High-density Lipoprotein Cholesterol (HDL Cholesterol)

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Turnaround Time: Within 1 day
CPT Code:


Test Type: 1 mL Serum (preferred) or plasma
Stability Time:



Room temperature

3 days


14 days


14 days

Freeze/thaw cycles

Stable x2

Reference Range:

>39 mg/dL


Monitoring of HDL-cholesterol in serum is of clinical importance since an inverse correlation exists between serum HDL-cholesterol concentrations and the risk of atherosclerotic disease. Elevated HDL-cholesterol concentrations are protective against coronary heart disease, while reduced HDL-cholesterol concentrations, particularly in conjunction with elevated triglycerides, increase the cardiovascular risk.2,3 Strategies have emerged for treating cardiovascular disease by increasing HDL-cholesterol levels.4,5

Total cholesterol and triglycerides are required as well for determination of lipid risk factors for coronary artery disease. These tests with HDL-C and LDL-C are the usual lipid profile. HDL-C is especially apt to be low in male subjects who are obese and sedentary, in those who smoke cigarettes, and in those who have diabetes mellitus. Uremia is also associated with lower HDL-C. Exercise, appropriate diet and moderate ethanol intake increase HDL-C.

HDL-C is useful with cholesterol in forecasting protection against coronary artery disease in the industrialized countries, possible because of ingestion of high fat diets.

Those at least risk for development of coronary arterial disease have low cholesterol, low triglycerides, and high HDL-C.

Factors contributing to decreased HDL-C include:

• Genetic factors: primary hypoalphalipoproteinemia6

• Cigarette smoking7

• Obesity7

• Hypertriglyceridemia7

• Lack of exercise

• Steroids − androgens, progestogens, anabolic

• Thiazides

• Beta-adrenergic blockers

• Probucol

• Neomycin

1. LabCorp internal studies.

2. Nauck M, Wiebe D, Warnick G. Measurement of high-density-lipoprotein. In: Rifai N, Warnick CR, Dominiczak MH, eds. Handbook of Lipoprotein Testing. 2nd ed. Washington, DC: AACC Press; 2001: 221-224.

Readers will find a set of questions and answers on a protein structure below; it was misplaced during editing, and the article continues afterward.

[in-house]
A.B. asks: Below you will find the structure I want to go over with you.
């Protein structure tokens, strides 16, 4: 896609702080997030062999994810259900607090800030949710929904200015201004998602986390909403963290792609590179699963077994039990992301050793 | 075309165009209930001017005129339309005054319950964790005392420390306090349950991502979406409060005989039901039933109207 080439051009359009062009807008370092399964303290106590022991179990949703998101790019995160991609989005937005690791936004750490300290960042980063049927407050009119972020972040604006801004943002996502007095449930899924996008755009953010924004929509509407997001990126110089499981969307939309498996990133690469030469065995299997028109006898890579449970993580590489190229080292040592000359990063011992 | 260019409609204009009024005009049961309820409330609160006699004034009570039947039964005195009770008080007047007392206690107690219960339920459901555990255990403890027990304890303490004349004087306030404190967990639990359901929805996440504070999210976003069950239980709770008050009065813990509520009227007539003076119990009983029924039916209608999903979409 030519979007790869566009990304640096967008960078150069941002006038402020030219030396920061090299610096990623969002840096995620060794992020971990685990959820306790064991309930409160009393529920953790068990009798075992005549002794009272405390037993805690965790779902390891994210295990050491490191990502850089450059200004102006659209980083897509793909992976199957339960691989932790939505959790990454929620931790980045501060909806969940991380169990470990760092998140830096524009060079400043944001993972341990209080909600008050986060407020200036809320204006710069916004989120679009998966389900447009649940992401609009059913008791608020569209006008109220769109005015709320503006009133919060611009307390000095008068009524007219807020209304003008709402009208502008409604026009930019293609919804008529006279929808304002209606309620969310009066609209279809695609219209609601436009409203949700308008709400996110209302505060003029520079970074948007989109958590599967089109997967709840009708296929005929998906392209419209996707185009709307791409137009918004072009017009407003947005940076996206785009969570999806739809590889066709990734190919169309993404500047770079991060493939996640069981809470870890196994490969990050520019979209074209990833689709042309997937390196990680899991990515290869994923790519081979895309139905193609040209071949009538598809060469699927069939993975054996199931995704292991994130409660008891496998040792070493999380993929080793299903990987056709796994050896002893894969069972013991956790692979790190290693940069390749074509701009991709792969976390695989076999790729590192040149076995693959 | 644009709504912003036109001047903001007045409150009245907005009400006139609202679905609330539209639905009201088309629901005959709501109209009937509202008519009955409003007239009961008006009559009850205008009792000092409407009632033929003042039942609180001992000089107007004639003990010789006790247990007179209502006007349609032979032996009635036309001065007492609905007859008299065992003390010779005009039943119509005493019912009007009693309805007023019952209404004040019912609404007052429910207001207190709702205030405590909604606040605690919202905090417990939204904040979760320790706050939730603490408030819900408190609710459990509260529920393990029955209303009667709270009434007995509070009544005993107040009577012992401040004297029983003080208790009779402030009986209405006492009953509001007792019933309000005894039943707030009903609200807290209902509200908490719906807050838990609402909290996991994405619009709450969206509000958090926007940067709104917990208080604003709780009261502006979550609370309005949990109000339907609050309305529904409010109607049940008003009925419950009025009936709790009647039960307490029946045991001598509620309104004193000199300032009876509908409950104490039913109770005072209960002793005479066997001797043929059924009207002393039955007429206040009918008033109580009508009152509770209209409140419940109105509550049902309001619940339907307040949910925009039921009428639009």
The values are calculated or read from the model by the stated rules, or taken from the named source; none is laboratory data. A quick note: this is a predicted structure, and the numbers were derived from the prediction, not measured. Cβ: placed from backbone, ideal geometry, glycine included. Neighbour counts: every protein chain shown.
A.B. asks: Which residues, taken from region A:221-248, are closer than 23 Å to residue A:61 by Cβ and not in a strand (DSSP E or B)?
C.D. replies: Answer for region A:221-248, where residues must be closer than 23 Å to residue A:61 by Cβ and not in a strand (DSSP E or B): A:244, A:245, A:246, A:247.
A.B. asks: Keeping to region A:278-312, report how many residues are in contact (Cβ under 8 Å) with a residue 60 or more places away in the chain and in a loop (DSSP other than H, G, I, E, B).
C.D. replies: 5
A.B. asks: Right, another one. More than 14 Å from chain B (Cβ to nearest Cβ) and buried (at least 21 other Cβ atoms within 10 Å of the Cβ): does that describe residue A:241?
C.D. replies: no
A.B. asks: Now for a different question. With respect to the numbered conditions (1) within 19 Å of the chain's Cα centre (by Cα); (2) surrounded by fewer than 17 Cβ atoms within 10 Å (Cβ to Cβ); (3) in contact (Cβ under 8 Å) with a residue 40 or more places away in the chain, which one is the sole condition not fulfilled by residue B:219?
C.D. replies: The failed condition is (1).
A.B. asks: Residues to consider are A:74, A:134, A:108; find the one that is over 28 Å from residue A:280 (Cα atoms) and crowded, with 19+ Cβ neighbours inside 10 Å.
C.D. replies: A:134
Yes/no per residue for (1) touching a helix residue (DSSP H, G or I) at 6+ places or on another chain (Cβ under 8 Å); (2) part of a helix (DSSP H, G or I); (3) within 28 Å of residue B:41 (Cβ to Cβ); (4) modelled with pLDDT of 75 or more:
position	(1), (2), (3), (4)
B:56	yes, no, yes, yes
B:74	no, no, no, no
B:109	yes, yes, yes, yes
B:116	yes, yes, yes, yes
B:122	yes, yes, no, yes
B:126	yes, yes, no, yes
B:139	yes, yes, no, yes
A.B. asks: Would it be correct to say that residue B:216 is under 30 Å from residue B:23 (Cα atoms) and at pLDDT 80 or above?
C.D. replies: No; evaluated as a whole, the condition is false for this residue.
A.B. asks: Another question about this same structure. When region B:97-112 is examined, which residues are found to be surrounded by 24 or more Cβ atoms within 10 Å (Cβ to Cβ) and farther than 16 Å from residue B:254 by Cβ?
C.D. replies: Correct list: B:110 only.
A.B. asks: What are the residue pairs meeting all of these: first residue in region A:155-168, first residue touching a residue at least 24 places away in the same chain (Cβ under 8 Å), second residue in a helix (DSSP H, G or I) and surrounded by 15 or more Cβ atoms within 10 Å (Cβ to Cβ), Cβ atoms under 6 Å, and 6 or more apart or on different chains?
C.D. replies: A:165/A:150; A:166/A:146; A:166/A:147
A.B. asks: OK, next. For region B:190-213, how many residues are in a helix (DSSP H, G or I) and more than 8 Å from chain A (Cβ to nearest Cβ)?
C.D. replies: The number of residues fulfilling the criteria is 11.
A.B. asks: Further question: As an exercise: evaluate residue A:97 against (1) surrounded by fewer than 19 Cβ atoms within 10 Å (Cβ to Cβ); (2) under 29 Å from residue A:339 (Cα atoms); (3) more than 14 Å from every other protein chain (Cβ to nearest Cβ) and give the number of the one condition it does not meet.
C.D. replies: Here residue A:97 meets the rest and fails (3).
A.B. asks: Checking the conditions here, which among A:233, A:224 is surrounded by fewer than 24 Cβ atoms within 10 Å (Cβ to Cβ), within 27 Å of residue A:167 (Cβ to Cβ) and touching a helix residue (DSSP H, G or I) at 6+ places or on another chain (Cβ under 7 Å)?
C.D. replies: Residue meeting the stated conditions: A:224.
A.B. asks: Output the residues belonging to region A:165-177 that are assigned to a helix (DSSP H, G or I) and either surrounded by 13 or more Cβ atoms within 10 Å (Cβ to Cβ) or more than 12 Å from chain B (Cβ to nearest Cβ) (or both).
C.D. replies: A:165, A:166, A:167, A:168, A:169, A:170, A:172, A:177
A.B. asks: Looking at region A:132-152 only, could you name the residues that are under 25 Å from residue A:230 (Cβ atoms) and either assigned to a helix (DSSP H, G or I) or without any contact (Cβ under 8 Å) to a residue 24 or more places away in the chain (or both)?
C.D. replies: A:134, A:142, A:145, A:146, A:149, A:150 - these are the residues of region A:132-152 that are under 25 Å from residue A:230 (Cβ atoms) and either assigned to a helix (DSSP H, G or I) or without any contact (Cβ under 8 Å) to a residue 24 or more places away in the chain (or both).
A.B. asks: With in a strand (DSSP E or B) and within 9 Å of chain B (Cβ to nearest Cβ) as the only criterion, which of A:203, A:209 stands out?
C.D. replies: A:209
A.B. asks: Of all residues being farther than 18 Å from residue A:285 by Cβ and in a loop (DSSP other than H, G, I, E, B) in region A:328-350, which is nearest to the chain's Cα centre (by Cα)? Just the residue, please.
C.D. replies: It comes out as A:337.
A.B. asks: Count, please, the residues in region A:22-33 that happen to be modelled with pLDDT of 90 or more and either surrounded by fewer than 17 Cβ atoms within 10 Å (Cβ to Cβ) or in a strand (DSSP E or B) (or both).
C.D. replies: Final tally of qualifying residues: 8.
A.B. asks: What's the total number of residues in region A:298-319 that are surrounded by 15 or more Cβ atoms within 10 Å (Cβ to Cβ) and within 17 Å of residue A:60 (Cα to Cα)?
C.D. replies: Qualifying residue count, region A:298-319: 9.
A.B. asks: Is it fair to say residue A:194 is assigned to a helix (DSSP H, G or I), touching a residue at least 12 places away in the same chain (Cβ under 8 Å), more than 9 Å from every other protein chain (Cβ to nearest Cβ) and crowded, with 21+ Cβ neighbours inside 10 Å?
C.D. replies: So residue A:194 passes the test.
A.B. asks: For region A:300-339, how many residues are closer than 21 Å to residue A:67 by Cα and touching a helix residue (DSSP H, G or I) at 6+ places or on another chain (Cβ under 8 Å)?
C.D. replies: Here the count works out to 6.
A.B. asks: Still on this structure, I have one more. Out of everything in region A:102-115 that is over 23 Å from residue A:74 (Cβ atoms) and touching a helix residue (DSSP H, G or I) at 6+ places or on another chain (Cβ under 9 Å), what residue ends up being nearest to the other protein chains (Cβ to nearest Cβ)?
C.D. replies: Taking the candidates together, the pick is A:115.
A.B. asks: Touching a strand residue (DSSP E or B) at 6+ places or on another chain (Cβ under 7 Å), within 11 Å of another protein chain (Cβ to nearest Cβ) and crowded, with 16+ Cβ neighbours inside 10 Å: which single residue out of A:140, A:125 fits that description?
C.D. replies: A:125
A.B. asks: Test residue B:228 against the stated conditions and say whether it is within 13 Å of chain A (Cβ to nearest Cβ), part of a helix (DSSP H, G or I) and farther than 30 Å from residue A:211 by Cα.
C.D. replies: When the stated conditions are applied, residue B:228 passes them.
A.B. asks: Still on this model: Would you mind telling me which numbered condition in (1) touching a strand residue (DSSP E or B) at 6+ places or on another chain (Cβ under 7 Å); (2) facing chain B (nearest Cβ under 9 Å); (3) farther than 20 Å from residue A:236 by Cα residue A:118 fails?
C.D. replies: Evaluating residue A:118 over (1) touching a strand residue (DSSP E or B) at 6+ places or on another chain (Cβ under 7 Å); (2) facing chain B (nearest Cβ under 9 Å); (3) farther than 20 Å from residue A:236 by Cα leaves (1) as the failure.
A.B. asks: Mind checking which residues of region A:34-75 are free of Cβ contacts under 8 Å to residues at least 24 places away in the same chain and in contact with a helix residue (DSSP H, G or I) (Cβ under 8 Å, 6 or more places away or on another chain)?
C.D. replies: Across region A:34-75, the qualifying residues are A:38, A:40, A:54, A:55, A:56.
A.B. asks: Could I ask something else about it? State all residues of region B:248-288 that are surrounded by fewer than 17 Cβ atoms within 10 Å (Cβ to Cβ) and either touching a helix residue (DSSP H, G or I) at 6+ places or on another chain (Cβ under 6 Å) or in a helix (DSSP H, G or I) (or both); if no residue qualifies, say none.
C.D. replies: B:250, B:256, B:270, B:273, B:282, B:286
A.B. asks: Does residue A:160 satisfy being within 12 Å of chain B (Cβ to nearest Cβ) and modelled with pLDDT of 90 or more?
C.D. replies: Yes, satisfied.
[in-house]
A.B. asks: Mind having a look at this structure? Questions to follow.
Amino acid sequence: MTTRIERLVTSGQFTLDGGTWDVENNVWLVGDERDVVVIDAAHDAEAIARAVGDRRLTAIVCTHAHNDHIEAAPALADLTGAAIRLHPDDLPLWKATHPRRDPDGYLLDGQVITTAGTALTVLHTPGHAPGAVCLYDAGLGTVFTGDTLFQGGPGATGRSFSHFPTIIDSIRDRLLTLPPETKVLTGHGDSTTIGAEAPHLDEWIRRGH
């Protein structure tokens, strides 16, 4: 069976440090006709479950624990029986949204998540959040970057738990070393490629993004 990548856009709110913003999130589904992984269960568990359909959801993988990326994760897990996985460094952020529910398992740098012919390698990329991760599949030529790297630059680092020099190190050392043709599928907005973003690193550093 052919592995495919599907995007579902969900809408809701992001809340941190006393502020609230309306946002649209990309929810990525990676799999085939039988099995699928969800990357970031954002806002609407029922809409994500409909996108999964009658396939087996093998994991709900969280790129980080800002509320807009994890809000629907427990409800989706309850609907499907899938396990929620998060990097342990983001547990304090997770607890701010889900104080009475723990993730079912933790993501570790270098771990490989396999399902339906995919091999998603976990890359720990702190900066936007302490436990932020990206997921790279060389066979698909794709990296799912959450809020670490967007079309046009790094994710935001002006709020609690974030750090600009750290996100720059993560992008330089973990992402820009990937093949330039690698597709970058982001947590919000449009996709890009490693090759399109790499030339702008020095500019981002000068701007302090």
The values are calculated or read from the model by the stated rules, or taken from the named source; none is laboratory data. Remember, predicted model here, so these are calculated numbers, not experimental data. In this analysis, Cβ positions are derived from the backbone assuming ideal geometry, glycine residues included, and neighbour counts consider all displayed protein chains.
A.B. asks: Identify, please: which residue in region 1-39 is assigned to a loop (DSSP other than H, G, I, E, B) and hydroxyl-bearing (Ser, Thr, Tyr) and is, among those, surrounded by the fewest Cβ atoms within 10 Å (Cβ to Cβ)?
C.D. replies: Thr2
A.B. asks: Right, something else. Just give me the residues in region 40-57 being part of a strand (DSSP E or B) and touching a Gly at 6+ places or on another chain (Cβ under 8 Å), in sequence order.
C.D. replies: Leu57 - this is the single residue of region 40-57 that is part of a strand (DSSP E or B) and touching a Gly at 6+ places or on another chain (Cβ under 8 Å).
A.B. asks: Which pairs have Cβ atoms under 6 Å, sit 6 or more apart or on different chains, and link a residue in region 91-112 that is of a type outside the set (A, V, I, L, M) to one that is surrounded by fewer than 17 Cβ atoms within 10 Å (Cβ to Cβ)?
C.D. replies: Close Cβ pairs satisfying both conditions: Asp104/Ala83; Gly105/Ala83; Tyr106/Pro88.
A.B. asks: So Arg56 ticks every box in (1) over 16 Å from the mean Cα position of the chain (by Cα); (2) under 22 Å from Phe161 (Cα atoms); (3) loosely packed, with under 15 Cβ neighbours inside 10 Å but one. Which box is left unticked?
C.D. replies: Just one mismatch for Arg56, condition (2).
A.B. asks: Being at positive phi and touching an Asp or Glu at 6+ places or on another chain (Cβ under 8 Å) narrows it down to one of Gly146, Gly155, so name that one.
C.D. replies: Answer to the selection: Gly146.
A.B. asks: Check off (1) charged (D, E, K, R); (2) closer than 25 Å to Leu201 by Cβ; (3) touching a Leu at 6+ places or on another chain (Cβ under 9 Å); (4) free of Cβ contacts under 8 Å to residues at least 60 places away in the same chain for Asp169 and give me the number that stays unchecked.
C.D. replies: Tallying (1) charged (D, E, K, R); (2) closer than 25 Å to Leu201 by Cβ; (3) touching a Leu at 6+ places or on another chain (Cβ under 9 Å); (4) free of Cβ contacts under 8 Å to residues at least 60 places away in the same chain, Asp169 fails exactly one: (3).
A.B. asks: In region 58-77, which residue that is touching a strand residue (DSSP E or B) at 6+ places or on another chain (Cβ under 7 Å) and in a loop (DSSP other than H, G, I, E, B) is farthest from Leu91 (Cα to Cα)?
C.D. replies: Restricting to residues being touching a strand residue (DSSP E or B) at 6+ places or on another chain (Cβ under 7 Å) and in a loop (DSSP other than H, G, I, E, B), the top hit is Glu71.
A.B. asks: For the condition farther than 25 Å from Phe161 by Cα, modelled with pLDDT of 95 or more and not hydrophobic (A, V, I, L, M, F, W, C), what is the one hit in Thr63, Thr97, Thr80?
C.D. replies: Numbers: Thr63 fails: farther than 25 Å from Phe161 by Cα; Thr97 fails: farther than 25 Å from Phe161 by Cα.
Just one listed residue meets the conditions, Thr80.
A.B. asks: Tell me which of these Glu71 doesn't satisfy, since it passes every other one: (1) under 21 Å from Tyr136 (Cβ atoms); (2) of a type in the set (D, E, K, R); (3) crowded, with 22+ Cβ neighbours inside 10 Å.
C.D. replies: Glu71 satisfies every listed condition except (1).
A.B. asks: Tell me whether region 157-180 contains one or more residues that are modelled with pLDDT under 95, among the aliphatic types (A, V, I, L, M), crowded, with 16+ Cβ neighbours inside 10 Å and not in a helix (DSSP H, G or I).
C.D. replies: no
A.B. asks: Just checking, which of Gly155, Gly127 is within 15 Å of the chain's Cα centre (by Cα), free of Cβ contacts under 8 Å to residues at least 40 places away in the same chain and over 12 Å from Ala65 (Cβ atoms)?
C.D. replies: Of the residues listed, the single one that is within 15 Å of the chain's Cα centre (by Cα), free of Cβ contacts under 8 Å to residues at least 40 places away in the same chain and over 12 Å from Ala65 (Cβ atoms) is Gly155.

3. Dominiczak M, McNamara J. The system of cardiovascular prevention. In: Rifai N, Warnick CR, Dominiczak MH, eds.Handbook of Lipoprotein Testing 2nd ed. Washington, DC: AACC Press; 2001:103-125.

4. Linsel-Nitschke P, Tall AR. HDL as a target in the treatment of atherosclerotic cardiovascular disease. Nat Rev Drug Discov. 2005 Mar; 4(3):193-205. PubMed 15738977

5. Ng DS. Treating low HDL-from bench to bedside. Clin Biochem. 2004 Aug; 37(8):649-659. PubMed 15302606

6. Third Report of the National Cholesterol Education Program (NCEP) Expert Panel on Detection, Evaluation, and Treatment of High Blood Cholesterol in Adults (Adult Treatment Panel III) Final Report. Circulation. 2002 Dec 17; 106(25):3143-3421. PubMed 12485966

7. Frohlich JJ, Pritchard PH. The clinical significance of serum high density lipoproteins. Clin Biochem. 1989 Dec; 22(16):417-423. PubMed 2692872

Collection Details:

Patient Preparation:

Patient should be on a normal diet and maintain a stable weight for a week prior to testing. Any drugs should be discontinued for three to four weeks if possible. Test should not be performed until three months after a myocardial infarction or similar traumatic episode, such as severe infection or inflammation. Fasting is not necessary.

Collection Instructions:

Red-top tube, gel-barrier tube, or green-top (lithium heparin) tube. Do NOT use Oxalate, EDTA, or Citrate Plasma.

Separate serum or plasma from cells within 45 minutes of collection.

Maintain specimen at room temperature.1